As more Americans are negatively impacted by the economy, there has been a rise in visits to the emergency room for emergency dental care. The startling activity first made the news in 2009 as Minnesota hospitals reported dealing with 20,000 dental emergencies and over the past few years, more states have noted an uptick in the tendancy.
The trend is being linked to individuals simply ignoring dental care until the point of no return. Each and every person has their own reasons for skipping oral hygiene and dentist office visits including (but not limited to) time, dental anxiety, lack of dental insurance, lack of cash and just plain ignorance. Regardless of the reasoning behind the neglect, the behavior has lead to sharp increase in ER visits for dental problems, a whopping 16 percent (from 2006 to 2009) according to the Pew Center on the States.
Florida ER Visits=$90 Million
Florida has the title of being the sunshine state and that moniker has helped the area become home to countless snowbirds, immigrants and Americans looking to live their lives minus snow. As a result over 19,057,500 people call the state home and hundreds of thousands of them have ended up in the emergency room for dental problems. That has cost hospitals and taxpayers a whopping $90 million (2010).
The findings have come after researchers from Florida Public Health Institute’s Oral Health Coalition analyzed billing codes provided by Florida hospitals. The findings showed a sharp increase in emergency visits specifically linked to tooth pain. In 2008, 105,992 visits were recording and by the end of 2010, over 115,000 people (close to 10 percent of which are children).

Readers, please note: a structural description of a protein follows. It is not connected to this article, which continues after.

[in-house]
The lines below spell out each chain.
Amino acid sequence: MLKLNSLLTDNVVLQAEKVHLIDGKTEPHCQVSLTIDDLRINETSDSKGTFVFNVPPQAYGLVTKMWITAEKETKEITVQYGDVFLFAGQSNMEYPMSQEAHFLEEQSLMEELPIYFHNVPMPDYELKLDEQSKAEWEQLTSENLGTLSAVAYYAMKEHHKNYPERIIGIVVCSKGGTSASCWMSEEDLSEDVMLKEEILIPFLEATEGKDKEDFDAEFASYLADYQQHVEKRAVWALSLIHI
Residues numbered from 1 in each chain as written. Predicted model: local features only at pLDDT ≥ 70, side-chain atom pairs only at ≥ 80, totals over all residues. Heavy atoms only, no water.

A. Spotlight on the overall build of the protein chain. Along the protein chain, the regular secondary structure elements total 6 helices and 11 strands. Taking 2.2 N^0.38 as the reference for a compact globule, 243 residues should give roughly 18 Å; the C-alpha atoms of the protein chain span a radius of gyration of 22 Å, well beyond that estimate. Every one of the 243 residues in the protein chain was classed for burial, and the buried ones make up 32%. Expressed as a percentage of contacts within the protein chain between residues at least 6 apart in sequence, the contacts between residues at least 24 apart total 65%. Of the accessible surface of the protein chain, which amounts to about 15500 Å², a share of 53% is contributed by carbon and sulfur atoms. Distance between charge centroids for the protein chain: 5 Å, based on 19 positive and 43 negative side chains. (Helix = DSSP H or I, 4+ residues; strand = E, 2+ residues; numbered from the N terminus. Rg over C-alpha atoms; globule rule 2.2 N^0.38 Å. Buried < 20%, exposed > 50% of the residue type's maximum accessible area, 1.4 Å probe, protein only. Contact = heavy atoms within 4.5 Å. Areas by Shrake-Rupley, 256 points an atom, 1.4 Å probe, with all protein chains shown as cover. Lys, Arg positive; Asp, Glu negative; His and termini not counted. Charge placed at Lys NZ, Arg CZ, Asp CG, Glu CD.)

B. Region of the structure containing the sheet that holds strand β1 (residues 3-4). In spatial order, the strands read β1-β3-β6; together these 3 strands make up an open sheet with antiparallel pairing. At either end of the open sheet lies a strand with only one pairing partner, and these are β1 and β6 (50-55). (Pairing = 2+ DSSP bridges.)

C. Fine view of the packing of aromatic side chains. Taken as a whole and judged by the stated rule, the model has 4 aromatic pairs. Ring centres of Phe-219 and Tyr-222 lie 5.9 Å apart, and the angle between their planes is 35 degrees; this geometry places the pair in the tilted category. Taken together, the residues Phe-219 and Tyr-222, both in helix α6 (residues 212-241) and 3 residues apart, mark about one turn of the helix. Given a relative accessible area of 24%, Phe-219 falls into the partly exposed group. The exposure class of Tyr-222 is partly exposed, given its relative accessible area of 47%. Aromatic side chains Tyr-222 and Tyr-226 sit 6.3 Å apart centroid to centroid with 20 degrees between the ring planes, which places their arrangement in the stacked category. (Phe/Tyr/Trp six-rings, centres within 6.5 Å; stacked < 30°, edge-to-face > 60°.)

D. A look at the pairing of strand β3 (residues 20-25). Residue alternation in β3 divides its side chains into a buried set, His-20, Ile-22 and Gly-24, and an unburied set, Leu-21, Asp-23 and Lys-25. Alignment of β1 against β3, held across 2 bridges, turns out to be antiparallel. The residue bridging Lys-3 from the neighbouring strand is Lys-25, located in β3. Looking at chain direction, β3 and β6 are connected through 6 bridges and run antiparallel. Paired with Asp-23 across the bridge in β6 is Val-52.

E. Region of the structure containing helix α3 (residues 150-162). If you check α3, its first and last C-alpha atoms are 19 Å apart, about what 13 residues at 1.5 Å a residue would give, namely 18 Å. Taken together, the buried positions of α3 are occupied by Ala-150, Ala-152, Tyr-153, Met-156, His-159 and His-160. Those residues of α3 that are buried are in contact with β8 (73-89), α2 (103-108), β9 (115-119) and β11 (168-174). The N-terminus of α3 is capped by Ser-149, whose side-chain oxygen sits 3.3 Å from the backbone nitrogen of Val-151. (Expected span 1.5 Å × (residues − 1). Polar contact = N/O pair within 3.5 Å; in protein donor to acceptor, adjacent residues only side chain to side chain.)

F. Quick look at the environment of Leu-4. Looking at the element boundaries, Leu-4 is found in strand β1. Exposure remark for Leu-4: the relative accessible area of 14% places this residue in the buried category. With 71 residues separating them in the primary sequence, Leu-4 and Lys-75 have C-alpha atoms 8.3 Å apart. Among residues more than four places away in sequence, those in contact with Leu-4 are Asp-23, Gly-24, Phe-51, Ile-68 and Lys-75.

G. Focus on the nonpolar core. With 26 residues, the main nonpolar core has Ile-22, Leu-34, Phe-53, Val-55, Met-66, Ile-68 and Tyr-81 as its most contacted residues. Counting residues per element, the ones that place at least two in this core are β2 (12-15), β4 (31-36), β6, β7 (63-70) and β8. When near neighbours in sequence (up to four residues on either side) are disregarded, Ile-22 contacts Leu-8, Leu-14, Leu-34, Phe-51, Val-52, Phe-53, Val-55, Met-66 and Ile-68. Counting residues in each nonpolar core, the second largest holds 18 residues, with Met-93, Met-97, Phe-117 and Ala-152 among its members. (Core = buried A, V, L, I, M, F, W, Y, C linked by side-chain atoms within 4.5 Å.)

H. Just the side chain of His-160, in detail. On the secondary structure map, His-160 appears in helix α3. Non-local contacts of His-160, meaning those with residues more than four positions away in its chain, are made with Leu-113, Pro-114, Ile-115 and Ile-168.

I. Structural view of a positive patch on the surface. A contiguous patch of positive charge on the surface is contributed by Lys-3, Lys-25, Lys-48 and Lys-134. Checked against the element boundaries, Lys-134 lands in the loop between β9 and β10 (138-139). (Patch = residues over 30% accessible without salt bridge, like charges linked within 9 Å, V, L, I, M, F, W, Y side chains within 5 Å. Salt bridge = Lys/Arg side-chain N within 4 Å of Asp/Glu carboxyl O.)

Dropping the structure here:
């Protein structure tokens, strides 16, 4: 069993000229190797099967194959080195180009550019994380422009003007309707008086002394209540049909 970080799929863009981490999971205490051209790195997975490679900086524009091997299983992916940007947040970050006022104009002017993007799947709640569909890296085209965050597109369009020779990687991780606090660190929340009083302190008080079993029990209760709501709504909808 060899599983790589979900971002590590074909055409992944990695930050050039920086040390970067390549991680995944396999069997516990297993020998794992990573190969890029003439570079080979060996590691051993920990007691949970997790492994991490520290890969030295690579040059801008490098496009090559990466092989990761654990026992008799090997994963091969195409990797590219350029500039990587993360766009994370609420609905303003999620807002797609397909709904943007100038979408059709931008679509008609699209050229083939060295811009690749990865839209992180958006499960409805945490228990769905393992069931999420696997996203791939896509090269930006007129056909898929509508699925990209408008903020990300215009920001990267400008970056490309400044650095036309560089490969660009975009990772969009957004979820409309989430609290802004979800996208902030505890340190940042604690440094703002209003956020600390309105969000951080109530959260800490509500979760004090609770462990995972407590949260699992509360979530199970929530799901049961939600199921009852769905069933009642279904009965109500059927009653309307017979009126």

Missouri ER Dental Visits Up 7 Percent
As the "show me state" Missouri residents are taking the motto to heart as more of them are showing off their rotten teeth to ER workers. A report released by local St. John's Hospital and the Health Commission of Springfield and Green County has shown that around 7 percent of 2010 ER visits were linked directly to poor oral hygiene. Researchers hypothesize that in Missouri the ER is the best option for treating dental problems as Missouri does not provide Medicaid coverage to adults.